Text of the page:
In the absence of any allegation of fraud, accident or mistake, a written contract constitutes the agreement between the parties and its terms cannot be added to or subtracted from by parole evidence. Gianni v. Russell & Co. Inc., 1924, 281 Pa. 320, 126 A. 791; O'Brien v. O'Brien, 1949, 362 Pa. 66, 66 A.2d 309, 10 A.L.R.2d 714.
The writing becomes not merely the best evidence but the only evidence. Martin and Monroe v. Berens, 1871, 67 Pa. 459; Irvin v. Irvin, 1891, 142 Pa. 271, 21 A. 816.
Before parole evidence of fraud can be introduced it is necessary that fraud should be alleged in the pleadings; Federal Sales Co. of Philadelphia v. Farrell, 1919, 264 Pa. 149, 107 A. 668; Dinch v. Workman,
[ 176 Pa. Super. Page 43784]
Pa. Super. 39, (1924), but it is not necessary to allege it in direct terms, providing a statement of fact clearly shows fraud. 32 C.J.S., Evidence, § 979, p. 951.
Where fraud or mistake is alleged and proved, it then becomes proper to admit testimony to show the real agreement between the parties, but without proof to establish the fraud or mistake it is not proper to permit the introduction of parole evidence to contradict the writing which purports to contain the contract between the parties. First National Bank v. Sagerson, 1925, 283 Pa. 406, 129 A. 333.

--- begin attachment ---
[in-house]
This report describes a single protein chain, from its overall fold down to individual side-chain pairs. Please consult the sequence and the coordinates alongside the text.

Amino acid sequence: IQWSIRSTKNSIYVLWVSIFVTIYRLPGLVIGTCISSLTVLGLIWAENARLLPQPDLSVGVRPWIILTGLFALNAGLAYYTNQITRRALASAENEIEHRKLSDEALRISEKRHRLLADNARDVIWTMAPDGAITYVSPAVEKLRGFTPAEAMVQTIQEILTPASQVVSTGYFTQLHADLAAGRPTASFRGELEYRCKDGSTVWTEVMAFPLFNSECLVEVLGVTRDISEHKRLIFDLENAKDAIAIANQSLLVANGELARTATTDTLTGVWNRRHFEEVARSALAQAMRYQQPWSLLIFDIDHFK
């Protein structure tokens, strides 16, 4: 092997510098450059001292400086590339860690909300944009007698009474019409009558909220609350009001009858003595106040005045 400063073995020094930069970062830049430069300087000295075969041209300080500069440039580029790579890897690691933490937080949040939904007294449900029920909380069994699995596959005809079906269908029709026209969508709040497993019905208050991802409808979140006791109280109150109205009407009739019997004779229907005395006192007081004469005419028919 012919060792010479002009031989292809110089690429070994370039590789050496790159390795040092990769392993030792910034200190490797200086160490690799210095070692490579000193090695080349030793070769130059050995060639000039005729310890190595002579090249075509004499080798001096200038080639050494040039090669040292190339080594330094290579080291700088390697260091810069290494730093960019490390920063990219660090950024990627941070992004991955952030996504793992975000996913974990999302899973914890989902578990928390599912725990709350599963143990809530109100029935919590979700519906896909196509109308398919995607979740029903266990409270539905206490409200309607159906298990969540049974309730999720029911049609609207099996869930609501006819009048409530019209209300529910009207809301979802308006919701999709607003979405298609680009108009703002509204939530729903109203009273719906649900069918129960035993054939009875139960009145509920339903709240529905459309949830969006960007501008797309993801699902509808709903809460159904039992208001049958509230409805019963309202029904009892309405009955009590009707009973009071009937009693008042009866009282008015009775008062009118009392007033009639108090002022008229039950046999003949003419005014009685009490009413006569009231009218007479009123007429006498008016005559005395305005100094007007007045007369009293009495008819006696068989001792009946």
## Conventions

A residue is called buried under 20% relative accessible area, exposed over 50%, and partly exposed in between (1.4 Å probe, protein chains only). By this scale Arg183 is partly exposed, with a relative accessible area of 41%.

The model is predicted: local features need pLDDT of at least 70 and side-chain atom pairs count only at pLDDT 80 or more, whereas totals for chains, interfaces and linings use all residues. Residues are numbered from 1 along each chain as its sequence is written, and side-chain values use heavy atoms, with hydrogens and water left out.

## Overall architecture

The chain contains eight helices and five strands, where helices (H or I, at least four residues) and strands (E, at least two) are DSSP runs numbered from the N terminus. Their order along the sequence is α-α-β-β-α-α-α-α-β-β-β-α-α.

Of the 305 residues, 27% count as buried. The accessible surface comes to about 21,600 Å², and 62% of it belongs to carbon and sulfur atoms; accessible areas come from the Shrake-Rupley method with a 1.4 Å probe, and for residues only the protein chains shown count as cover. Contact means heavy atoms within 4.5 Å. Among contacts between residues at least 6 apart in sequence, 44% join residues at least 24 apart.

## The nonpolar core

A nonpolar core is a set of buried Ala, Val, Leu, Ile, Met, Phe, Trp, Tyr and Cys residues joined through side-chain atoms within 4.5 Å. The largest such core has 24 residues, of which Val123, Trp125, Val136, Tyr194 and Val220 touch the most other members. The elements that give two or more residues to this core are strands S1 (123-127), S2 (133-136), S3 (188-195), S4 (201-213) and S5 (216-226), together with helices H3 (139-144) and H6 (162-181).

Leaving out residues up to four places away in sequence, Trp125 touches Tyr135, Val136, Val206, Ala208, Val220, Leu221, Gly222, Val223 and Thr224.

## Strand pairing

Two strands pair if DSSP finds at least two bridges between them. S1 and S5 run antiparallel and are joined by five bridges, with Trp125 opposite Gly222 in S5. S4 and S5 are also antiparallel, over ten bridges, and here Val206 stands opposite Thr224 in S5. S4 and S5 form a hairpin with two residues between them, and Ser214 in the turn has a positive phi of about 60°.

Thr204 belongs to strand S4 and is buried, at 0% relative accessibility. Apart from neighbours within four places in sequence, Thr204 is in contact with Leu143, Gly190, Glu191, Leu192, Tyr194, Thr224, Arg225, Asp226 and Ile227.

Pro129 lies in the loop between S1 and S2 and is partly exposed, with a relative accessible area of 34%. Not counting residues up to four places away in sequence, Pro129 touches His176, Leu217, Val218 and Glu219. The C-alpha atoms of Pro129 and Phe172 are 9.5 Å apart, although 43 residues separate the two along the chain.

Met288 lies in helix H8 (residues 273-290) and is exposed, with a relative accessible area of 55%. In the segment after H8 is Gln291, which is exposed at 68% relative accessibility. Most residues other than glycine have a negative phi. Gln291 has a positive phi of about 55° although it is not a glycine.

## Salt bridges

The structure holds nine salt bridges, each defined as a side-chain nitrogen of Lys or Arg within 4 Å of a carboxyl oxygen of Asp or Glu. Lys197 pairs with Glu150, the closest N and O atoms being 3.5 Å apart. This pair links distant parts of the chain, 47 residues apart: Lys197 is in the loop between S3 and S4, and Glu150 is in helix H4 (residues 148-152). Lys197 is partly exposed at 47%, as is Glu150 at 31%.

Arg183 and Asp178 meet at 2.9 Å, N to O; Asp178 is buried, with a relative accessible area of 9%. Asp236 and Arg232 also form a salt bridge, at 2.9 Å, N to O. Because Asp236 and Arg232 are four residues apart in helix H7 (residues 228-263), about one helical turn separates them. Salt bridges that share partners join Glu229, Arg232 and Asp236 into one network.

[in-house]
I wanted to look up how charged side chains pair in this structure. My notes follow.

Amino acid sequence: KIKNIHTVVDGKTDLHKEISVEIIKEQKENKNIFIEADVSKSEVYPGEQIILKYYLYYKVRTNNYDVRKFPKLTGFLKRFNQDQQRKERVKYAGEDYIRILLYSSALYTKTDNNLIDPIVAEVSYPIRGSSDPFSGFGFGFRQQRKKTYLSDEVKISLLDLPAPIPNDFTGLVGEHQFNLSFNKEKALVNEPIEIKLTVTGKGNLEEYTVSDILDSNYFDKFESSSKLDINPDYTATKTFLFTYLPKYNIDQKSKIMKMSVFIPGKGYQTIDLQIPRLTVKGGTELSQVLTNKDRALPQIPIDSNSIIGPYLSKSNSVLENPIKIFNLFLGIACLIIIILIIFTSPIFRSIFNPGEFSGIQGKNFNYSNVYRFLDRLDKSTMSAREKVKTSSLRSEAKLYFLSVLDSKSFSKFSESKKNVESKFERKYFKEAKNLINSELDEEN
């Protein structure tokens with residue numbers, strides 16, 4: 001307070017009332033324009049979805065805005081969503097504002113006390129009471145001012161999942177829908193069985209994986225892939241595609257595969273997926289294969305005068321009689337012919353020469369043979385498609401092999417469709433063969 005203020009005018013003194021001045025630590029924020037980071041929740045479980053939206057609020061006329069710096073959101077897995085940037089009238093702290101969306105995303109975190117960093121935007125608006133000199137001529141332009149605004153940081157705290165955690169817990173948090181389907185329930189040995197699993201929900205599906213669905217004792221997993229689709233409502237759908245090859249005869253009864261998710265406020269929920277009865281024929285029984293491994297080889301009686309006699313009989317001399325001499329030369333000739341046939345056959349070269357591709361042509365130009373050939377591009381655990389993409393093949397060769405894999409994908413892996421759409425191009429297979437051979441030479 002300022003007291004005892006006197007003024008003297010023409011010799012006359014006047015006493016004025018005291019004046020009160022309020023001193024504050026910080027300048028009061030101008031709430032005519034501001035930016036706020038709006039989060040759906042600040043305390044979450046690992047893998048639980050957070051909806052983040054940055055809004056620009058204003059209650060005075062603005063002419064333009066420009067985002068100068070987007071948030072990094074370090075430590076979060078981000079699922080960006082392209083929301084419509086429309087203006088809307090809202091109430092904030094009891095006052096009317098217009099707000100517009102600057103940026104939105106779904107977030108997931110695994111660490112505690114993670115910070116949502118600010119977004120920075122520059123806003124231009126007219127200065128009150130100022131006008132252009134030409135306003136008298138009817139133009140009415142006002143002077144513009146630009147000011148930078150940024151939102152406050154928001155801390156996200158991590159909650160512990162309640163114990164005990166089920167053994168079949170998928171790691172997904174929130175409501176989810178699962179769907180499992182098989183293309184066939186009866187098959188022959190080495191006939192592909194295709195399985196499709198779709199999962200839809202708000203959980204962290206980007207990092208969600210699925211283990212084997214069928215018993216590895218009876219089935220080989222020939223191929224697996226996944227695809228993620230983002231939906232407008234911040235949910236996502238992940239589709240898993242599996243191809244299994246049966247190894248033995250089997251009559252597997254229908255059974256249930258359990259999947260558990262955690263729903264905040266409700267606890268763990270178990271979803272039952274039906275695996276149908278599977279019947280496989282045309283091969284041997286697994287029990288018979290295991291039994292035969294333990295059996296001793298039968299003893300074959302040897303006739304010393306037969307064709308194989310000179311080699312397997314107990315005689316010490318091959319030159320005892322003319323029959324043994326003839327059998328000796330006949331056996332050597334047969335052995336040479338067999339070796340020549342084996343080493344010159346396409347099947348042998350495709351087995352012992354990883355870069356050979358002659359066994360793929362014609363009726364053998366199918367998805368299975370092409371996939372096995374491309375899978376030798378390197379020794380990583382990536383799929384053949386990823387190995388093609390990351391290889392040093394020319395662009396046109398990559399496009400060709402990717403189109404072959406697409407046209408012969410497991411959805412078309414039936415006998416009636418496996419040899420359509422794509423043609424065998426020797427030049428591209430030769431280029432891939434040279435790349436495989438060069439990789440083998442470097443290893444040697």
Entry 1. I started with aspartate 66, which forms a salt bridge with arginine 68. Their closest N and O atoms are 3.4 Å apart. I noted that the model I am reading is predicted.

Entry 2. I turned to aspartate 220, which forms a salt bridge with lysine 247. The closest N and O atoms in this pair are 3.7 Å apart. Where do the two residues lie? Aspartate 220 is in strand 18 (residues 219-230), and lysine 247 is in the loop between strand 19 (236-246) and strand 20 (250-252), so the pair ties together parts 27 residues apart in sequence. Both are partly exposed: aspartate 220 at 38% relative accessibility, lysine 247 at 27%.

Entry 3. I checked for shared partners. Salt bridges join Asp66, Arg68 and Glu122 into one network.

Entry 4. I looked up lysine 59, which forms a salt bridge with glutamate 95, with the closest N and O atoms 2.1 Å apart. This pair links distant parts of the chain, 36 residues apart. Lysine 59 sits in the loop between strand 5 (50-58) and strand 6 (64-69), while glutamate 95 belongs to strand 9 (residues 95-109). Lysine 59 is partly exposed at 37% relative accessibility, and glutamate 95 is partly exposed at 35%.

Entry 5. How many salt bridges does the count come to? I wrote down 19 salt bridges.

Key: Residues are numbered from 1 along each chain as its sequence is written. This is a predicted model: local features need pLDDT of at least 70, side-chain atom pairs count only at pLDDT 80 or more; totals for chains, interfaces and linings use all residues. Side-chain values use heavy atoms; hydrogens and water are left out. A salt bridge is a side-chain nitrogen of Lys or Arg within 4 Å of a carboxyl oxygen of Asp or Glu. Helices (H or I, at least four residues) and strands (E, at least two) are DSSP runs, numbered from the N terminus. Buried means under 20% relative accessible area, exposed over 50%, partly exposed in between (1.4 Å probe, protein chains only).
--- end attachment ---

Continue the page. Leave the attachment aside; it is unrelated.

Assuming (although it may be questioned) that the defendant's averment is sufficient allegation of fraud, then the testimony of the defendant concerning the alleged promise of the plaintiff to strike out the clause would be admissible to establish the fraud. But such evidence must be clear, precise and indubitable; otherwise it should be withdrawn from the jury. Aliquippa National Bank v. Harvey, Exr'x 1940, 340 Pa. 223, 231, 16 A.2d 409; Gerfin v. Colonial Smelting & Refining Co. Inc., 1953, 374 Pa. 66, 67, 97 A.2d 71.
'Whether the evidence is true is a question of fact * * * but whether it meets the required standard which justifies its submission to the jury * * * is always a question of law; * * *.' Ralston v. Philadelphia Rapid Transit Co. (No. 1) 1920, 267 Pa. 257, 269, 110 A. 329, 333; Gerfin v. Colonial Smelting & Refining Co. Inc., supra.
As was said in Pennsylvania Railroad Co. v. Shay, 1876, 82 Pa. 198, 203, 'It has been more than once held that it is error to submit a question of fraud to the jury upon slight parole evidence to overturn a written instrument.'
It is our opinion that the evidence presented by the defendant did not meet the required standard to establish fraud.
[ 176 Pa. Super. Page 438]
There is nothing to support the defendant's allegation except his own uncorroborated statement.